GB's Luke Traynor facing ban over cocaine use he says was 'incredibly stupid'
GB cross country international Luke Traynor says he made "an incredibly stupid and uncharacteristic mistake" after testing positive for cocaine.
The 26-year-old Scot has been provisionally suspended from competition by UK Anti-Doping and could be banned for up to four years.
Traynor issued a statement on Twitter, stressing the drug was taken socially and not to enhance performance.
"This was devastating news for me and I take full responsibility," he said.
Traynor, who has the opportunity to respond to the charge of violating anti-doping rules, competed for Britain at the World Cross Country Championships in March, finishing 109th, and was 38th at the World Half Marathon Championships last year.
He revealed he had been notified that he had tested positive "for benzoylecgonine, a metabolite of cocaine".
Traynor added: "I am sorry to my family, friends, coaches sponsors, and anybody who has supported my progress at any stage of my career.
"I want to make it completely clear that my violation was in no relation to sport or enhancing performance.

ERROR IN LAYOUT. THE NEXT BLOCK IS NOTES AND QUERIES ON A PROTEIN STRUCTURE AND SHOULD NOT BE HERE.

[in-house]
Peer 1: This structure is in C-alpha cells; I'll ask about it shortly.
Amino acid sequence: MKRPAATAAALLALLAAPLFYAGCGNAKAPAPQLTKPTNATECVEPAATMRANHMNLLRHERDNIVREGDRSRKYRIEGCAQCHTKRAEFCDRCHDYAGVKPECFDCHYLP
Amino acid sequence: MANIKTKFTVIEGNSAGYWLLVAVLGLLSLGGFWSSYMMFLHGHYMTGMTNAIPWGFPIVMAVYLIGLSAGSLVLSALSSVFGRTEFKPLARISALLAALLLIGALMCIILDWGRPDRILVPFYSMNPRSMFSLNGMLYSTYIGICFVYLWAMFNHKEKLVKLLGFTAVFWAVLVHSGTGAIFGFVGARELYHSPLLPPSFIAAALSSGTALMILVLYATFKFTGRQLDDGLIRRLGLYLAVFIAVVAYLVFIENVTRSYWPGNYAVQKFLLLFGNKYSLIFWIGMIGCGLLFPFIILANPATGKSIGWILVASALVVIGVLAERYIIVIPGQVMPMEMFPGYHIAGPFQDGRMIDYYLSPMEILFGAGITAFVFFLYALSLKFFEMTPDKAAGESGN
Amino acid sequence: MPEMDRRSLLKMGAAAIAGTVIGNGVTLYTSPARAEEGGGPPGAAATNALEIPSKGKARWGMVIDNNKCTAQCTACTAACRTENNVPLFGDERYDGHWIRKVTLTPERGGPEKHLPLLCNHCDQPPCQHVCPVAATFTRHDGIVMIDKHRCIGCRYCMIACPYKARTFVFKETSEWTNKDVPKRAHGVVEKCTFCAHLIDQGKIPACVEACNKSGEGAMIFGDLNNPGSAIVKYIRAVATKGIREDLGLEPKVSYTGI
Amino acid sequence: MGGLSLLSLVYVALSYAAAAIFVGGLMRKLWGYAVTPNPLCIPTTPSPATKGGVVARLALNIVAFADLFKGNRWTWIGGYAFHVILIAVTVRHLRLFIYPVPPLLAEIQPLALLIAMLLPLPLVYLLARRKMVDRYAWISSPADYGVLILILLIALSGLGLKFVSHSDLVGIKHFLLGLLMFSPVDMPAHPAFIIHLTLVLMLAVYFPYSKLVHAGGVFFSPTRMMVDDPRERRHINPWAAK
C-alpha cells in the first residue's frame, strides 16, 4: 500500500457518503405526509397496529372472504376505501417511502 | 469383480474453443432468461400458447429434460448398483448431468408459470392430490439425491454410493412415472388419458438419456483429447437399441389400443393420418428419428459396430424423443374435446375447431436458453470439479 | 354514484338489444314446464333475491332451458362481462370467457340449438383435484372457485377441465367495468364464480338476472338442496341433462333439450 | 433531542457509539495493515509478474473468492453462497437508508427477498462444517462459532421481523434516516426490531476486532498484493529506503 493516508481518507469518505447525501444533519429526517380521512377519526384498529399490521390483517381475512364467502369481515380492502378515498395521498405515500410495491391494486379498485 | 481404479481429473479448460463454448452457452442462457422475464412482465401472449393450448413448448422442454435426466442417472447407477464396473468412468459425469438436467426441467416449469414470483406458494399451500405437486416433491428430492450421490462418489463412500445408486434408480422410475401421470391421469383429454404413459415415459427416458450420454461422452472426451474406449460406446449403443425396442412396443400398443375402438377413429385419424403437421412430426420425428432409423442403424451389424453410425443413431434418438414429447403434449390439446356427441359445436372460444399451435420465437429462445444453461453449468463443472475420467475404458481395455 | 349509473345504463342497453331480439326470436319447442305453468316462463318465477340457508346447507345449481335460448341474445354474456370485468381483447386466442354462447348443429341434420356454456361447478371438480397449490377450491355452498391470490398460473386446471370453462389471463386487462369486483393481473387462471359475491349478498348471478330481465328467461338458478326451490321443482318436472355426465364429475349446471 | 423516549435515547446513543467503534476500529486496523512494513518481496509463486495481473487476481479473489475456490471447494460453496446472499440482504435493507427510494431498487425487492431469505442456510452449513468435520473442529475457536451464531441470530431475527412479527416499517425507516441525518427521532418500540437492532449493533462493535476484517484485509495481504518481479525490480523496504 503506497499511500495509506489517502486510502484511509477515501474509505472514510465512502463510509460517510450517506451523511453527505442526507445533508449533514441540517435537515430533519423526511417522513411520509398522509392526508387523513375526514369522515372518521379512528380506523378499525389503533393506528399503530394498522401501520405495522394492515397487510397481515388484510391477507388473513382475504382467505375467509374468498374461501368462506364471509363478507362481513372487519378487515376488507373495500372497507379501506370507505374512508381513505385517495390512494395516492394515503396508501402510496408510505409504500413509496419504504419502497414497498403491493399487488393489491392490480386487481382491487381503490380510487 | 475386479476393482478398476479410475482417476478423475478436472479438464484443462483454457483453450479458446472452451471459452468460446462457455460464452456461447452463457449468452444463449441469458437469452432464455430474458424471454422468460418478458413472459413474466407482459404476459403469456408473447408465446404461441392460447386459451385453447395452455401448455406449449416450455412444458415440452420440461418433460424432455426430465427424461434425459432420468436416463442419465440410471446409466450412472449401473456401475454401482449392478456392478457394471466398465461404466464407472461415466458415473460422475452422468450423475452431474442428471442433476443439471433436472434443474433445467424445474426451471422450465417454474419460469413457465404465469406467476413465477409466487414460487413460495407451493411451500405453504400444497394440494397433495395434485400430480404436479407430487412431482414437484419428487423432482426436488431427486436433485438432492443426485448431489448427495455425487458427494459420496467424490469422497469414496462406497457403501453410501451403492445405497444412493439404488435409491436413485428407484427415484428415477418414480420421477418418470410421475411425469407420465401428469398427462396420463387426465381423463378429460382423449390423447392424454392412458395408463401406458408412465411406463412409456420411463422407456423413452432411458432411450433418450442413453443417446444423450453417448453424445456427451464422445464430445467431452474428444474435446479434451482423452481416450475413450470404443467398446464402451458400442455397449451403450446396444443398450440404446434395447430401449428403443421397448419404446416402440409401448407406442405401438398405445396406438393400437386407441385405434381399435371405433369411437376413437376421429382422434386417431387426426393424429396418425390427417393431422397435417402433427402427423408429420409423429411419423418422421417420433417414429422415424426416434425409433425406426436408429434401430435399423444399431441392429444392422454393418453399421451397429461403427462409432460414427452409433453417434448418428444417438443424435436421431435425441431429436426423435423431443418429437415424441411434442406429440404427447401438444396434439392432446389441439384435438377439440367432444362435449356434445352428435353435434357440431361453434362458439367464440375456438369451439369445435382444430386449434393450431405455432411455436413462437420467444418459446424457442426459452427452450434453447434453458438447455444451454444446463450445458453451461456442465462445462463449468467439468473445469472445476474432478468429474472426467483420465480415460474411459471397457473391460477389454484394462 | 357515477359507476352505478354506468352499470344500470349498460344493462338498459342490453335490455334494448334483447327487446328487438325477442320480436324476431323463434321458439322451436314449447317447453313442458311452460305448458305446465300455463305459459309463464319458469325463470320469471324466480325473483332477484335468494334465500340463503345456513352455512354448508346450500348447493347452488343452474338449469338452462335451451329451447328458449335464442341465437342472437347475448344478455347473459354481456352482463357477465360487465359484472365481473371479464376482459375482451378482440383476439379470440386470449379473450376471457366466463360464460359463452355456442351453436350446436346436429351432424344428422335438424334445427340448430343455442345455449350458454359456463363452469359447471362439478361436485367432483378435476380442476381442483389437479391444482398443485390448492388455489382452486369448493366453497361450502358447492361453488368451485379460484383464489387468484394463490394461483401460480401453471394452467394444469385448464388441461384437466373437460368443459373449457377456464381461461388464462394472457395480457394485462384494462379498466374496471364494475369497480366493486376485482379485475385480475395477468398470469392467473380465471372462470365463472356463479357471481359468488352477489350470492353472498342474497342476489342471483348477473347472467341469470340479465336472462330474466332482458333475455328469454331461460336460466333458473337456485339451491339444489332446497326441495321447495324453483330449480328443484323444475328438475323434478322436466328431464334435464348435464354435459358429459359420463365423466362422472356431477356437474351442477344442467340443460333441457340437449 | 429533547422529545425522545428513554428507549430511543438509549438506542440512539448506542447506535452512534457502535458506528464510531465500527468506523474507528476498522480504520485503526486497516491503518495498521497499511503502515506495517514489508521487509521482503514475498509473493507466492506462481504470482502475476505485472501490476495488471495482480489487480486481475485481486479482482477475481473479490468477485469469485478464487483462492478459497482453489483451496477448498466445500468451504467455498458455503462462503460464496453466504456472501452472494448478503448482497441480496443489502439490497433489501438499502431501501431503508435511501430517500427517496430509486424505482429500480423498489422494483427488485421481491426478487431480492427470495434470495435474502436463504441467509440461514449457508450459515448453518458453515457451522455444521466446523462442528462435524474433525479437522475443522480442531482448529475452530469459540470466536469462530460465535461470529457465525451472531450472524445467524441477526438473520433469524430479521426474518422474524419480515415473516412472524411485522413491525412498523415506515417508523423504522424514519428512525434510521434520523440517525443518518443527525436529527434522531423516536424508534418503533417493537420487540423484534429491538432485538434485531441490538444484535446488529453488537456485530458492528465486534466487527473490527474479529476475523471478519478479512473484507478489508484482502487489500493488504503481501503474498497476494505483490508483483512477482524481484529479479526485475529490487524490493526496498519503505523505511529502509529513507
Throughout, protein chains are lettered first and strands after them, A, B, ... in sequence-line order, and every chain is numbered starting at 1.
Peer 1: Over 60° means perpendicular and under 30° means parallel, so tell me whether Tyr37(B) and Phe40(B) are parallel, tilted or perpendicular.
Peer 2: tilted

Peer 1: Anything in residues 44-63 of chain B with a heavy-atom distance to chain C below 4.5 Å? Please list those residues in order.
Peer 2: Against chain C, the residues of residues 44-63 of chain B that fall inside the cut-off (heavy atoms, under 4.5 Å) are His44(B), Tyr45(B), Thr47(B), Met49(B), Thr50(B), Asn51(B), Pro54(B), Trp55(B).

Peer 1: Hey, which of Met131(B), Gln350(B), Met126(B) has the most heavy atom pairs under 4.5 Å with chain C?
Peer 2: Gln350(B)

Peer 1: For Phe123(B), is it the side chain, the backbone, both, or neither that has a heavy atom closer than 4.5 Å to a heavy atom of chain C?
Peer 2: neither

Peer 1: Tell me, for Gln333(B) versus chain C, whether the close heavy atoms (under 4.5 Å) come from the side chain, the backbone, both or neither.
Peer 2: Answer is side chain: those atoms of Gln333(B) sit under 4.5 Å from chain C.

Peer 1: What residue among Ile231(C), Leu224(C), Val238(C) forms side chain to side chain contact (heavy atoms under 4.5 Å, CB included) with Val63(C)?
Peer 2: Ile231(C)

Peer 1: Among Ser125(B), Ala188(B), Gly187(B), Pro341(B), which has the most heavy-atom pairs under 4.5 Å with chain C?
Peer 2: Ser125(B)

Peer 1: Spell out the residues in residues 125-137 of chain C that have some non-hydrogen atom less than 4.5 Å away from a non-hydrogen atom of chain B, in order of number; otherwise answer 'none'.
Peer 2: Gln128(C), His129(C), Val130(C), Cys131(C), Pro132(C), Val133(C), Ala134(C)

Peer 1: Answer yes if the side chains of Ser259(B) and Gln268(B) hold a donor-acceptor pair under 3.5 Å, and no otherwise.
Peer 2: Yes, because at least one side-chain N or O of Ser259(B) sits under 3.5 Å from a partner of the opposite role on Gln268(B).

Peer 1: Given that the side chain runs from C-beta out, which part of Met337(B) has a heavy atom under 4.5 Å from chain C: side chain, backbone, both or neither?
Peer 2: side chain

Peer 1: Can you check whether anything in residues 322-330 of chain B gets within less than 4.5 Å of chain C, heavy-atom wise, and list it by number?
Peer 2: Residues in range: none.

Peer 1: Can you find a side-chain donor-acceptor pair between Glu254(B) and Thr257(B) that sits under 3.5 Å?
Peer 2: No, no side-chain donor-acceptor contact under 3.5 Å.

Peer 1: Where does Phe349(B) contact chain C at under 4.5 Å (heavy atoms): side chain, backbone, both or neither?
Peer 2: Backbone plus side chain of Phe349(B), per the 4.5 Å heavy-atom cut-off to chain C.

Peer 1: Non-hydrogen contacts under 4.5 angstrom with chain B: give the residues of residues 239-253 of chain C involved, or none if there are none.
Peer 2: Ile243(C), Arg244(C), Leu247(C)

"This happened as a one-off and in a purely social situation with a drug I should never have taken."
Former Hibernian striker Jamie Insall returned to football this year with Welsh Premier League club Connah's Quay Nomads following a two-year ban for a similar incident.
Traynor, who runs for Giffnock North and Tulsa University, said he has "accepted my mistake" and needs to come to terms with "the final punishment".
"I have cooperated fully with all relevant bodies and will now face the severe consequences, the extent to which is still not certain but could be up to a four-year ban," he said.
"I live a sporting lifestyle to compete. Athletics is my passion. It's all I think about, it's what gets me out of bed in the morning.
"I am yet to come to terms with the fact that I have ruined this for myself with one senseless act.
"I only ask that people understand that this was a stupid mistake, had nothing to do with trying to enhance performance and, in fact, had the opposite effect."